Humboldt Research Award for Thomas Stodulka and Brady Wagoner
News from Jan 04, 2022
Nomination for Humboldt Research Award (Prof. Wagoner & Prof. Stodulka)
Thomas Stodulka has successfully nominated Brady Wagoner for the prestigious Humboldt Research Award in recognition of outstanding lifetime achievements in research and teaching. The Alexander von Humboldt Foundation selects internationally renowned scientists and scholars from all disciplines for the award, “whose fundamental discoveries, new theories, or insights have had a significant impact on their own discipline; recipients are expected to continue producing cutting-edge achievements in the future.” Prof. Wagoner has been especially recognized for his contributions to cultural psychology, memory studies, the history of psychology and the development of dynamic process methodologies.
Award winners are invited to carry out research projects of their own choice in cooperation with specialist colleagues in Germany, and to join the Humboldt network of leading researchers from around the world. The award comes with a grant of 60,000 euros to conduct research, and with excellent opportunities for further sponsorship.
Professor Wagoner is a cultural psychologist at Aalborg University (Denmark) and Oslo New University College (Norway). He has published 17 books and over 100 articles and book chapters in just the last decade. These works span a wide range of topics that are mainly centered on exploring the relationships between culture, mind and memory as unfolding processes, and developing novel methods to study them as such. His most important books include The Constructive Mind: Bartlett’s Psychology in Reconstruction (Cambridge University Press, 2017), Handbook of Culture and Memory (Oxford University Press, 2018), Remembering as Cultural Process with Ignacio Bresco and S.H. Awad (Springer, 2019) and Culture as Process: A tribute to Jaan Valsiner with B. Christensen and C. Demuth (Springer, 2021). He has previously won a number of significant academic awards, including the Sigmund Koch Award (2018) and Early Career Award (2017), both from the American Psychological Association.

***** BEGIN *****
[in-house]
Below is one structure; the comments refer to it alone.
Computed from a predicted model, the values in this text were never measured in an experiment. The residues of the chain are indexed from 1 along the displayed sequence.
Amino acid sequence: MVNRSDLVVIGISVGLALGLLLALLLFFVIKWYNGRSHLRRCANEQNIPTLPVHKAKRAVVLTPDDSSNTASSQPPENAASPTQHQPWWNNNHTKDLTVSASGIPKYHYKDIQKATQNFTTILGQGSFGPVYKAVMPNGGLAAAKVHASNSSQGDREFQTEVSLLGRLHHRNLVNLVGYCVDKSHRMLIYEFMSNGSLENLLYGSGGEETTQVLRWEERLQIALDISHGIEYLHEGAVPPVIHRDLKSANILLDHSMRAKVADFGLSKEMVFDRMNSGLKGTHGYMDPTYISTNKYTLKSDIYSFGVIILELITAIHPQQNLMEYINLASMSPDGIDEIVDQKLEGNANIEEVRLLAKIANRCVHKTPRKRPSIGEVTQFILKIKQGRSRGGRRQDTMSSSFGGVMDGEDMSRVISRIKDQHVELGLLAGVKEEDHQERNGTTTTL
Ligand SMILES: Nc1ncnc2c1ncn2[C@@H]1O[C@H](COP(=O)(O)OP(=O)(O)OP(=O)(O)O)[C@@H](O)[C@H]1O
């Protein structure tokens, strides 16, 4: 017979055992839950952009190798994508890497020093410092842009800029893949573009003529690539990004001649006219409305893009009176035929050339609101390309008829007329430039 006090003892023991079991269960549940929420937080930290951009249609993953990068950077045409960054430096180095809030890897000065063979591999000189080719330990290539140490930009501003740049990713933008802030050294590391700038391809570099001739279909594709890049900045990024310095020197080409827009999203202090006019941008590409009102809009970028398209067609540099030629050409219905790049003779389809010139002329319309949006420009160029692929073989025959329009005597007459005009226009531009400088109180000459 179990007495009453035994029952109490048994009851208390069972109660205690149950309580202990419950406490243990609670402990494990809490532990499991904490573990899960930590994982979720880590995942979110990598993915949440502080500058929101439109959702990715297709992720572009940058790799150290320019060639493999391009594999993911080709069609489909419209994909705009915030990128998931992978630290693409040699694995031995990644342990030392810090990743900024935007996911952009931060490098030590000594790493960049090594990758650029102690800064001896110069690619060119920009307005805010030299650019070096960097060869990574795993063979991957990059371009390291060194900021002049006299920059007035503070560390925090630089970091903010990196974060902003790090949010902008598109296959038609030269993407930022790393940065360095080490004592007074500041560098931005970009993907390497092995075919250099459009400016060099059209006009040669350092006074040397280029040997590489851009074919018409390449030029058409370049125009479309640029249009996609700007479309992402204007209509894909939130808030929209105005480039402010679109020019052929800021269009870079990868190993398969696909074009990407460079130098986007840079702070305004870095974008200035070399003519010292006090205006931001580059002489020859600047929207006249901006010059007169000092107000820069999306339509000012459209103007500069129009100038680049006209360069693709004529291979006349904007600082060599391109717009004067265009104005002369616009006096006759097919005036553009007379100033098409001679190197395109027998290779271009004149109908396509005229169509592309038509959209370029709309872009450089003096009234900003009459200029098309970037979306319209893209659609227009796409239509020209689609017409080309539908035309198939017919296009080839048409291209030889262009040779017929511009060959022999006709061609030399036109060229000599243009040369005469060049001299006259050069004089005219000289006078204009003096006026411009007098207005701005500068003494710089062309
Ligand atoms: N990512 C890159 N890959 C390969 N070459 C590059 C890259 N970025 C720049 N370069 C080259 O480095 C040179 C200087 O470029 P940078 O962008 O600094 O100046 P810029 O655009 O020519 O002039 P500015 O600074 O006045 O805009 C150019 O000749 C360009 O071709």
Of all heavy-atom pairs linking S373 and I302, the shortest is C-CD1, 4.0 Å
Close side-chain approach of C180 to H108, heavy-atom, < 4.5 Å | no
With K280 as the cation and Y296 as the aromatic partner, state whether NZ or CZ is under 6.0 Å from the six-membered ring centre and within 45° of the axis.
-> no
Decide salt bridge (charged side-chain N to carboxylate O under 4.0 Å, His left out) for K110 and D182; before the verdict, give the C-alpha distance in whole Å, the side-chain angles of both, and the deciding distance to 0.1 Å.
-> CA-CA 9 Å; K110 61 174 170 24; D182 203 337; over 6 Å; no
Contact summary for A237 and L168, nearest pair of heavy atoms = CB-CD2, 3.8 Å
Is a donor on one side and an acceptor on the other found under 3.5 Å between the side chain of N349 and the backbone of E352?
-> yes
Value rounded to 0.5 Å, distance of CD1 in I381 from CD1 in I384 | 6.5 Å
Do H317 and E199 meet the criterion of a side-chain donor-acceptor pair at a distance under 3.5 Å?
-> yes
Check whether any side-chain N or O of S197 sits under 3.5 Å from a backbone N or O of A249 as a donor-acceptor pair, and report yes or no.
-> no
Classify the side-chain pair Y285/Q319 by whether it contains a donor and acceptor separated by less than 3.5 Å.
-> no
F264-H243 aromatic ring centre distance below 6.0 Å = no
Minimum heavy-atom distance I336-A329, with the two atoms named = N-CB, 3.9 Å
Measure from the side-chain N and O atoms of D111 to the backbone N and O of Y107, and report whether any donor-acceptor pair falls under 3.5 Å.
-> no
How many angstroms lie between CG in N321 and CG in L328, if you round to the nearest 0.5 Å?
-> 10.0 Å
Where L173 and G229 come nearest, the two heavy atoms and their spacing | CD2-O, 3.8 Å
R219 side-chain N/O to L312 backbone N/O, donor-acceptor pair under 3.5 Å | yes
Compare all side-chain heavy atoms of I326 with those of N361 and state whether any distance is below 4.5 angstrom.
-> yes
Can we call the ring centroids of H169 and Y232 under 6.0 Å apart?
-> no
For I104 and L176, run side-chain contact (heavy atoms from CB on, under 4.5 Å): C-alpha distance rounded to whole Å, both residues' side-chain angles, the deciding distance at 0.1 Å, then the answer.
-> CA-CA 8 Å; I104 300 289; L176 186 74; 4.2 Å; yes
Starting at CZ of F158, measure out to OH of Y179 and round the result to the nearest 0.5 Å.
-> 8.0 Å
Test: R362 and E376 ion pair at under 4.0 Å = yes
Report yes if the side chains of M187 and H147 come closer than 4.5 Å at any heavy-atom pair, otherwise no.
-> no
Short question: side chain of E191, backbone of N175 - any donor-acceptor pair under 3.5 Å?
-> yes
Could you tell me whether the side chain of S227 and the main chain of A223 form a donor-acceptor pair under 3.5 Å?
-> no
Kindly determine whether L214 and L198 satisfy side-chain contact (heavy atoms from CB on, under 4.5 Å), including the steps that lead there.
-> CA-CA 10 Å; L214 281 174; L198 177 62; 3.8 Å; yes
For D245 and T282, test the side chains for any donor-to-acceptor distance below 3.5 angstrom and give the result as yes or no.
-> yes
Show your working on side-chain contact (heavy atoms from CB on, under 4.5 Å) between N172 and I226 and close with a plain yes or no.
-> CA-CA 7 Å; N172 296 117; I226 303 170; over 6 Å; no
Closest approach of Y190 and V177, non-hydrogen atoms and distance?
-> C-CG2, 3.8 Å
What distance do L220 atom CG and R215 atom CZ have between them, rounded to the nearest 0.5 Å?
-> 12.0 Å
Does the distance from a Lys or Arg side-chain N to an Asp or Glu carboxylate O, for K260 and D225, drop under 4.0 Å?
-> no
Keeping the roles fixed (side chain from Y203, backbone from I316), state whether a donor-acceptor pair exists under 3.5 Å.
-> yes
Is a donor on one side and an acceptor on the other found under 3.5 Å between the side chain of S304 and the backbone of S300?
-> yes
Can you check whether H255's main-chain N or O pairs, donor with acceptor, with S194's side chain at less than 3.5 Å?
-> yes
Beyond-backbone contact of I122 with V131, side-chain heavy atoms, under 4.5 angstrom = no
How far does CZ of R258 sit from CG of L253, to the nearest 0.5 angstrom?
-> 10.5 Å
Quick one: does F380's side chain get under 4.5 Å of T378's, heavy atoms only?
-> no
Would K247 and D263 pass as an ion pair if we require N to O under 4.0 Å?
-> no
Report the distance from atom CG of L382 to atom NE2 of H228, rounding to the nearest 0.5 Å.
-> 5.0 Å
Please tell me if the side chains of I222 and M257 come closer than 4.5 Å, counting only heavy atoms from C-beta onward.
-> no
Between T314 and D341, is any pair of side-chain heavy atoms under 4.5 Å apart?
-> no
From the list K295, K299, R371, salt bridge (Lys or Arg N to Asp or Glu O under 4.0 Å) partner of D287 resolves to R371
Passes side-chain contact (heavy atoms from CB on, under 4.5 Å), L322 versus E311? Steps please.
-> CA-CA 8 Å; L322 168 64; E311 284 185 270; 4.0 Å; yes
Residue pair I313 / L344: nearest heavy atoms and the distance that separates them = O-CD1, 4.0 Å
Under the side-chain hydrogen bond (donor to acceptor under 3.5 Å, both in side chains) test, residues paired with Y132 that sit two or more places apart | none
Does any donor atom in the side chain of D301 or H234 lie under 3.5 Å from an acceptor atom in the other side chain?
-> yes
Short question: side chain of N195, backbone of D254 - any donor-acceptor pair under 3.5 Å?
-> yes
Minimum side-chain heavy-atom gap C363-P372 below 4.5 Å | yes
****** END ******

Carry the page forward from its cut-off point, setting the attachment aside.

Prof. Wagoner is hosted by Thomas Stodulka, Junior Professor of Social and Cultural Anthropology, with a special focus on Psychological Anthropology, at Freie Universität Berlin. His work focuses on the interplay between affect, emotion, childhood and adolescence, alternative economies and education, mental health and illness, stigmatization, datafication, critical epistemologies and affective methodologies. He conducted long-term fieldwork with street-related children, young men and women in Yogyakarta, Indonesia between 2001 and 2015, and he has directed international research projects on the role of affect and emotion in fieldwork and ethnography, envy in transcultural perspectives, and critical perspectives on interdisciplinary emotion research and big data. He has published 6 books and over 50 articles and visual ethnographies on these topics. He co-directs the methodology lab at the CRC 1171 ‘Affective Societies’ at FU Berlin and he is research fellow at the Leipzig Lab working group on ‘Children and Nature’. He is the co-founder of the Psychological Anthropology Section, German Anthropological Association (DGSKA), and the co-founder and convenor of the European Network for Psychological Anthropology (ENPA) at the European Association of Social Anthropology (EASA). Thomas is Associate Editor of Ethos and Brill Book Series Editor of Social Sciences in Asia. He has won multiple research awards, and he is Marie Skłodowska-Curie Alumni and Alumni of the Netherlands Institute for Advanced Study in the Humanities and Social Sciences (NIAS).
Prof. Wagoner will collaborate with Prof. Dr. Thomas Stodulka, Institute of Social and Cultural Anthropology at Freie Universität Berlin, to develop novel synergies between cultural psychology and psychological anthropology, particularly in connection with emotions and methodology. Together with Prof. Dr. Meike Watzlawik at Sigmund Freud Universität Berlin, they will also analyze data on people’s collective symbolic coping with the COVID-19 pandemic, including vaccination decision-making, compliance with restrictions, trust in authorities, information seeking and conspiracy theories.